I have a desktop with a 1 TB hard drive and a 240 GB SSD where the SSD is my boot drive (Windows 10 is installed in it already, with GPT partition in UEFI mode) and the hard drive is just a data drive. Now I want to install Fedora 30 (Dual boot) in the same SSD. But stuck with the process as there is no video tutorial is available regarding SSD dual boot. Is it possible to dual boot in the SSD?

  • It should not be any different than dual booting on a regular hard drive.
    – Davidw
    May 9, 2019 at 6:39
  • Yes, it's possible. Just install Fedora normally in UEFI. May 10, 2019 at 0:53
  • SSD was not allowing much space to be partitioned for installation. Anyways I used a 3rd party software to do the same. May 10, 2019 at 16:35

1 Answer 1


I just did this exact thing yesterday...

  1. Go to Windows Disk Managment and Shrink your voulme to make a new unpartitioned space. This is where your entire Fedora will go later.
  2. Create a bootable USB stick with Fedora 30 installation. This is extremly simple - download tool Rufus (my suggestion), download the Fedora Live Image ISO file. And once you start Rufus, just select that ISO for the Boot selection and click START.
  3. Reboot your machine and boot the USB stick
  4. Click "Install Fedora to Hard drive" and follow instruction. Automatic partitioning is good enough.
  5. Once it's finished, reboot and that's it. Boot loader is autmatically installed, you will be prompted to choose what to load: Fedora or Windows.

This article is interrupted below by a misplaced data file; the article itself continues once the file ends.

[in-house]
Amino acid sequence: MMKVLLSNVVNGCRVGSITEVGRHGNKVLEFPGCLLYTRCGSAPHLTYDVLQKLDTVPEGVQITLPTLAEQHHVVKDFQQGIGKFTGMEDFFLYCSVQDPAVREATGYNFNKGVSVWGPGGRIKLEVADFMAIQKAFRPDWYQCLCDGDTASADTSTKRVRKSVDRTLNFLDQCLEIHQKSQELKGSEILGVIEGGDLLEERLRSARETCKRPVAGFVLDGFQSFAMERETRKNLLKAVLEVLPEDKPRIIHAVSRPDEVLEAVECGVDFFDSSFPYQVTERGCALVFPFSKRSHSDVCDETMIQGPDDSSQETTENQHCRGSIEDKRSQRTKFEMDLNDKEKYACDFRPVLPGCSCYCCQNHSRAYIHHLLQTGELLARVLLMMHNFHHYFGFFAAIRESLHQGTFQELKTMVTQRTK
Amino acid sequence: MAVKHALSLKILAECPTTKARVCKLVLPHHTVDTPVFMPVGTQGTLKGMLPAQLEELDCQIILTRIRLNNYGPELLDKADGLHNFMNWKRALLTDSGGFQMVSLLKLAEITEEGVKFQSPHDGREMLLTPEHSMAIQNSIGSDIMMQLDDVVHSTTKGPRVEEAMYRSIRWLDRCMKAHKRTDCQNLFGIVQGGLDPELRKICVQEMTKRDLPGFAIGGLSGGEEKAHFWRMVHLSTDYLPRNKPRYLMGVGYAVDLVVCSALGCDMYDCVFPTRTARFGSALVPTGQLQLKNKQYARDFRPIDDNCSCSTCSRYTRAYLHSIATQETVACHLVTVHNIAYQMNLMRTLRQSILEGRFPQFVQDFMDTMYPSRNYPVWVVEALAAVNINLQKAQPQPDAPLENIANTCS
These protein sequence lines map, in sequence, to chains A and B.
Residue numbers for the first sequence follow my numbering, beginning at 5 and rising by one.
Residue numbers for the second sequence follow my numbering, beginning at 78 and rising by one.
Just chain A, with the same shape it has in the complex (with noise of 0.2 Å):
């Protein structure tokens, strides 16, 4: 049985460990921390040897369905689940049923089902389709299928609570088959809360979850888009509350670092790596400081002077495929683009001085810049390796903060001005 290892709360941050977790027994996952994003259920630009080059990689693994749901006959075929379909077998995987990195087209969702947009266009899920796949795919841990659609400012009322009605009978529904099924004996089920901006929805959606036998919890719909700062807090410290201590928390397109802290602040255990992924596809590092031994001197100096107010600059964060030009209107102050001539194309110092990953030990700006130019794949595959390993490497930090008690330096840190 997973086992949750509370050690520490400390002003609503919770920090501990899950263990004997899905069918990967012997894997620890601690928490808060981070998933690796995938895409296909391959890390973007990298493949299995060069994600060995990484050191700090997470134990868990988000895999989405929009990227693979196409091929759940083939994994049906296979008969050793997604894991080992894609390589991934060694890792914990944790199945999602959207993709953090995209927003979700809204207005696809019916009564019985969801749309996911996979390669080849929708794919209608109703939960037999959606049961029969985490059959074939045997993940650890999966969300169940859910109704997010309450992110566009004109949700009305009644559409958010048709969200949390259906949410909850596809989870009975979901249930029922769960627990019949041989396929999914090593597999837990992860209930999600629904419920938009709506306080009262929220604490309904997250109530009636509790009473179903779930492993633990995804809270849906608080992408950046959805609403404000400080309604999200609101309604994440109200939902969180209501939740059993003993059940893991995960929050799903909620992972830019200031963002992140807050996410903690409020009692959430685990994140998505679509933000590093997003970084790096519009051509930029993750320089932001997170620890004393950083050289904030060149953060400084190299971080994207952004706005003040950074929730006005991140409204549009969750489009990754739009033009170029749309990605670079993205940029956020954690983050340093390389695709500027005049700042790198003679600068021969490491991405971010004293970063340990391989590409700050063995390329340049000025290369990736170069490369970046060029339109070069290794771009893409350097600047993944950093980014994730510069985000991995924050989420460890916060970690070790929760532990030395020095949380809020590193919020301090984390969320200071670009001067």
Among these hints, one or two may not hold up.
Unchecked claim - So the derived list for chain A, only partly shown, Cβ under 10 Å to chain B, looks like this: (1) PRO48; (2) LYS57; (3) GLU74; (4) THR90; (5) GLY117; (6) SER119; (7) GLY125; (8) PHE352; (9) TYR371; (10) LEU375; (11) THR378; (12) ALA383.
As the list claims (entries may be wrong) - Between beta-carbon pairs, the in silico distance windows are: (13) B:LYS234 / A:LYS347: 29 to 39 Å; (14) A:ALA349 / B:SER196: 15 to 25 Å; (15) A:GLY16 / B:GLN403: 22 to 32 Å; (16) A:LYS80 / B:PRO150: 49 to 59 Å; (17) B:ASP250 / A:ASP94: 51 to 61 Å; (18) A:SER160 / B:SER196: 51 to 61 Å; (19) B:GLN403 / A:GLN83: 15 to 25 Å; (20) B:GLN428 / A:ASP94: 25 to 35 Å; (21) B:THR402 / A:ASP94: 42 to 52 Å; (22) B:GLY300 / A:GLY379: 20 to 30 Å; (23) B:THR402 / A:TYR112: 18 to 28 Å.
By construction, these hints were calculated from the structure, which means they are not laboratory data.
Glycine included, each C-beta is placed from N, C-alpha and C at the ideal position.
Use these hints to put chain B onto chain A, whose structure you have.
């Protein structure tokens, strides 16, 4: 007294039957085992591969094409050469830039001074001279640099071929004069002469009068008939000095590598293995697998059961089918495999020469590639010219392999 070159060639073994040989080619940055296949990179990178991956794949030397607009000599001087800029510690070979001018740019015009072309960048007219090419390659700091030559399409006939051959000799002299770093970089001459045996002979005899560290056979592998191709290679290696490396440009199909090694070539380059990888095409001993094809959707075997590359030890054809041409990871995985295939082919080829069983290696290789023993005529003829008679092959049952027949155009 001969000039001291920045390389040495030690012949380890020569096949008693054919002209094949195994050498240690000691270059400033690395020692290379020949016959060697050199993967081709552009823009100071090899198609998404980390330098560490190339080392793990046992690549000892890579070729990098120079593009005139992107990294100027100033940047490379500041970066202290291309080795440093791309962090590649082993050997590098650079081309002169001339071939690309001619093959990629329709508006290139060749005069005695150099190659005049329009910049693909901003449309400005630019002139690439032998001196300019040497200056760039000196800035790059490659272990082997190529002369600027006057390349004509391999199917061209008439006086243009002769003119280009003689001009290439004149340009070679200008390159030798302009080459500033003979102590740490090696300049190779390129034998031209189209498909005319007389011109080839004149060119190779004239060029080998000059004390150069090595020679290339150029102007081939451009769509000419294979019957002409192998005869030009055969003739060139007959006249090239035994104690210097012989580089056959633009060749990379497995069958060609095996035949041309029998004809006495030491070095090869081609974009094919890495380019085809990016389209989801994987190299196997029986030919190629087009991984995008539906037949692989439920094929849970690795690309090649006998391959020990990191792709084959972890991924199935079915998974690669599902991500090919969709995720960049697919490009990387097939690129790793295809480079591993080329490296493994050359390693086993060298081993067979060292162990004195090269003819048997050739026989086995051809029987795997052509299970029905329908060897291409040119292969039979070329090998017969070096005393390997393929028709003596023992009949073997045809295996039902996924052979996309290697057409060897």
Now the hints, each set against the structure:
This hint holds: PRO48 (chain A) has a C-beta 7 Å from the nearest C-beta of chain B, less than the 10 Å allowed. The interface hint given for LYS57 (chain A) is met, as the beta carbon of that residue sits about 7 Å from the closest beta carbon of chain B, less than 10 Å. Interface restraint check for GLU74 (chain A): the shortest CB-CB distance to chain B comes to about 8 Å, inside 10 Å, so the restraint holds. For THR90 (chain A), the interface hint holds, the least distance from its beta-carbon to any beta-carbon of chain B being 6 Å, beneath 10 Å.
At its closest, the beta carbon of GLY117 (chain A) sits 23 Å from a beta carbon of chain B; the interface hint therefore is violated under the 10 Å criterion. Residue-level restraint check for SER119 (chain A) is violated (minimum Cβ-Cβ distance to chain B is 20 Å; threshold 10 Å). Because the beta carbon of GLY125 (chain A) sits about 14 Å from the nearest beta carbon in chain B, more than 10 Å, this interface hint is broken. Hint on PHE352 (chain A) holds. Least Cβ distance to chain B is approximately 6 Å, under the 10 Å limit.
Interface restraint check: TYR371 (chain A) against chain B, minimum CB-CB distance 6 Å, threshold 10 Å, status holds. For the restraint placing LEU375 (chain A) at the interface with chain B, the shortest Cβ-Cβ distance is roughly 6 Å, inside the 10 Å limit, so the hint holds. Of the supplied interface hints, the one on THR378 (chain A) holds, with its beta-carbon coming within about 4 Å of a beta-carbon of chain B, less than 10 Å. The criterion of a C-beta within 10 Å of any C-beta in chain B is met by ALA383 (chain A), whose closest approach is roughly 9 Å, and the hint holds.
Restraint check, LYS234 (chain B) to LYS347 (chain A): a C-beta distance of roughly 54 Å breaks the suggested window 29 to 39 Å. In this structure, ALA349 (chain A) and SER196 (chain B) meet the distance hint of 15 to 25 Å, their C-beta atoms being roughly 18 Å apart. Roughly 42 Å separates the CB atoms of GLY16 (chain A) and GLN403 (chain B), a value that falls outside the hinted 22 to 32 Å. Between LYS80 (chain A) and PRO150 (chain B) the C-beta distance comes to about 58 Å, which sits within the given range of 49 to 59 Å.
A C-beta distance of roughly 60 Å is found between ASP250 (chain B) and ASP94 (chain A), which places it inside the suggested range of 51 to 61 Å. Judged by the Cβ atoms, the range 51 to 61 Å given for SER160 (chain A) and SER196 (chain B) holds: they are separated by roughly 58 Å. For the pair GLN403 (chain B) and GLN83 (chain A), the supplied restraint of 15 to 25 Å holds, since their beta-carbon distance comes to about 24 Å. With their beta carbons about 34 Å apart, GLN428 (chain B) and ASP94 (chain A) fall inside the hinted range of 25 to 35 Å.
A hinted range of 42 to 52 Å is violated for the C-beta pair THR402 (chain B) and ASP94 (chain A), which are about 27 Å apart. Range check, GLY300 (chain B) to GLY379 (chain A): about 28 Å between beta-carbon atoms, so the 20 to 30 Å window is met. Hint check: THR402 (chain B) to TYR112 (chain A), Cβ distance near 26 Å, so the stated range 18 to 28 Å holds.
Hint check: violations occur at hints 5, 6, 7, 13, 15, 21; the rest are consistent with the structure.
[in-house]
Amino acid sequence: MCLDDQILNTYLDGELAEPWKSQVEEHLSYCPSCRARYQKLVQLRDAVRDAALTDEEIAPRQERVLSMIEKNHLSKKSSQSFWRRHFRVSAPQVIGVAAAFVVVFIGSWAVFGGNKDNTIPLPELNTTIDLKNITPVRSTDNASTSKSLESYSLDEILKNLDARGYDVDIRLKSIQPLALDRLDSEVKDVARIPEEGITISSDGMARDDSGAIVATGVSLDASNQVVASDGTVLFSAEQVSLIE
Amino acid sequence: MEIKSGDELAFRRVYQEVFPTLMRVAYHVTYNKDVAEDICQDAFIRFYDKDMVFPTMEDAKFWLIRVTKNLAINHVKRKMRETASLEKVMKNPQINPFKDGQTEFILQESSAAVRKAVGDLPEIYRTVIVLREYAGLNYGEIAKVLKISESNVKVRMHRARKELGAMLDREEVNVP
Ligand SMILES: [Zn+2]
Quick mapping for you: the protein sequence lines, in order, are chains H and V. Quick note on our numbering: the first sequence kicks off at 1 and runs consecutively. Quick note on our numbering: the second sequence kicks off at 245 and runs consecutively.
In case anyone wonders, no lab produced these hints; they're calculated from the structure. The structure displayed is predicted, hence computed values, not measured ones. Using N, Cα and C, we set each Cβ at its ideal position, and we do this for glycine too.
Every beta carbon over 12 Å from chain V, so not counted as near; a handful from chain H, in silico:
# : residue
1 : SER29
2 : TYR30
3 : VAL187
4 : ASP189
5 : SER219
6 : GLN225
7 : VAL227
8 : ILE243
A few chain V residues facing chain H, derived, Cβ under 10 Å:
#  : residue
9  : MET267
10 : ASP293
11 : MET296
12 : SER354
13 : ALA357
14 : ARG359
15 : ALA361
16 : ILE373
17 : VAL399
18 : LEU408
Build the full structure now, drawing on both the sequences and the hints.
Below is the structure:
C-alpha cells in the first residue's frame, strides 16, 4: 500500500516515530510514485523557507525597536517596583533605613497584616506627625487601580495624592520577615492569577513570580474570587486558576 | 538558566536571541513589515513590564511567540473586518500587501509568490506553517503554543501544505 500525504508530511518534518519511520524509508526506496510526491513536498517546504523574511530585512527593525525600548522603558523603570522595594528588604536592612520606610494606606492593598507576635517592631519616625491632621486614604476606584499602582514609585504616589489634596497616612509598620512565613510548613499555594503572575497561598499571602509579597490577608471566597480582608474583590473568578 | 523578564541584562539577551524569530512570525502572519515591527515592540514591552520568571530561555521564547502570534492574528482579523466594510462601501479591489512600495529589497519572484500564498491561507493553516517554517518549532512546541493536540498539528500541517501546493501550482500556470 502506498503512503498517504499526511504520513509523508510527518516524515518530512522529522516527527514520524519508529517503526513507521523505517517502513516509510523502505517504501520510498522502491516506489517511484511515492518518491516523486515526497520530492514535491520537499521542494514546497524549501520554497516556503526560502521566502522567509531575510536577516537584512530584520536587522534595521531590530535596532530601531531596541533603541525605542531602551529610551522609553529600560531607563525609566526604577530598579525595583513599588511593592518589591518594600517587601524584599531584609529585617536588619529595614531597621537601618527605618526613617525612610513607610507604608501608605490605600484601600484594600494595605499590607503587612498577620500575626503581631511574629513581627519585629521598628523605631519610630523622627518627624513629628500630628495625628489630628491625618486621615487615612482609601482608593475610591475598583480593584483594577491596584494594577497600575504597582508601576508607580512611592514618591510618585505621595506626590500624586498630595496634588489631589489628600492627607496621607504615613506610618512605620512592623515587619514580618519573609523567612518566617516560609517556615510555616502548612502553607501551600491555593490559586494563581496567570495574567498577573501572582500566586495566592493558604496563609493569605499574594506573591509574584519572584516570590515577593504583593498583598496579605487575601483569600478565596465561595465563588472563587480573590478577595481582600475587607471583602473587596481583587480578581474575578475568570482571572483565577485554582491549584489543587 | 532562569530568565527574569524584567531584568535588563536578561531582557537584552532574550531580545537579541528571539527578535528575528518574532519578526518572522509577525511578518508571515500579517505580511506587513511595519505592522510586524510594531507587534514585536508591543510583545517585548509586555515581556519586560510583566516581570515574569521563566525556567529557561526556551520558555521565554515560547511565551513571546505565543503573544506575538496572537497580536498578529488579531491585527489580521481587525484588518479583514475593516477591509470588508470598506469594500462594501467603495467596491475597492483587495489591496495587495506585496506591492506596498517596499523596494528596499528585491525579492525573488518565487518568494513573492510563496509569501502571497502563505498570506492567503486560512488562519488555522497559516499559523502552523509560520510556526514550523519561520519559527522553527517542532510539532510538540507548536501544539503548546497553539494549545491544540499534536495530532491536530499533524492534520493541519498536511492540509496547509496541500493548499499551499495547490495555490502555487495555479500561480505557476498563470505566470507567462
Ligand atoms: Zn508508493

6. And that's it :) Write if you get a problem..
  • Actually, there was a problem. When I tried to shrink the volume of my SSD, my windows was allowing only 10 GB of memory for installation. Anyways I used 3rd party software to make partition of 50 GB. May 10, 2019 at 16:32
  • My laptop was configured to support both UEFI and Legacy boot, with Windows installed on UEFI, but when booting the USB key, Fedora used legacy boot. It never notified me nor asked about UEFI, so when installing, it simply "erased" the UEFI boot and Windows became unbootable. I had to manually change the BIOS setting to allow only UEFI boot and reinstall Fedora. Only then it did preserve the Windows boot.
    – anol
    Aug 10, 2019 at 22:45
  • 2
    I think @anol you may should have used a UEFI bootable stick for your Fedora installation. Rufus has that option to select when creating a bootable drive.
    – Denzil
    Aug 12, 2019 at 4:27

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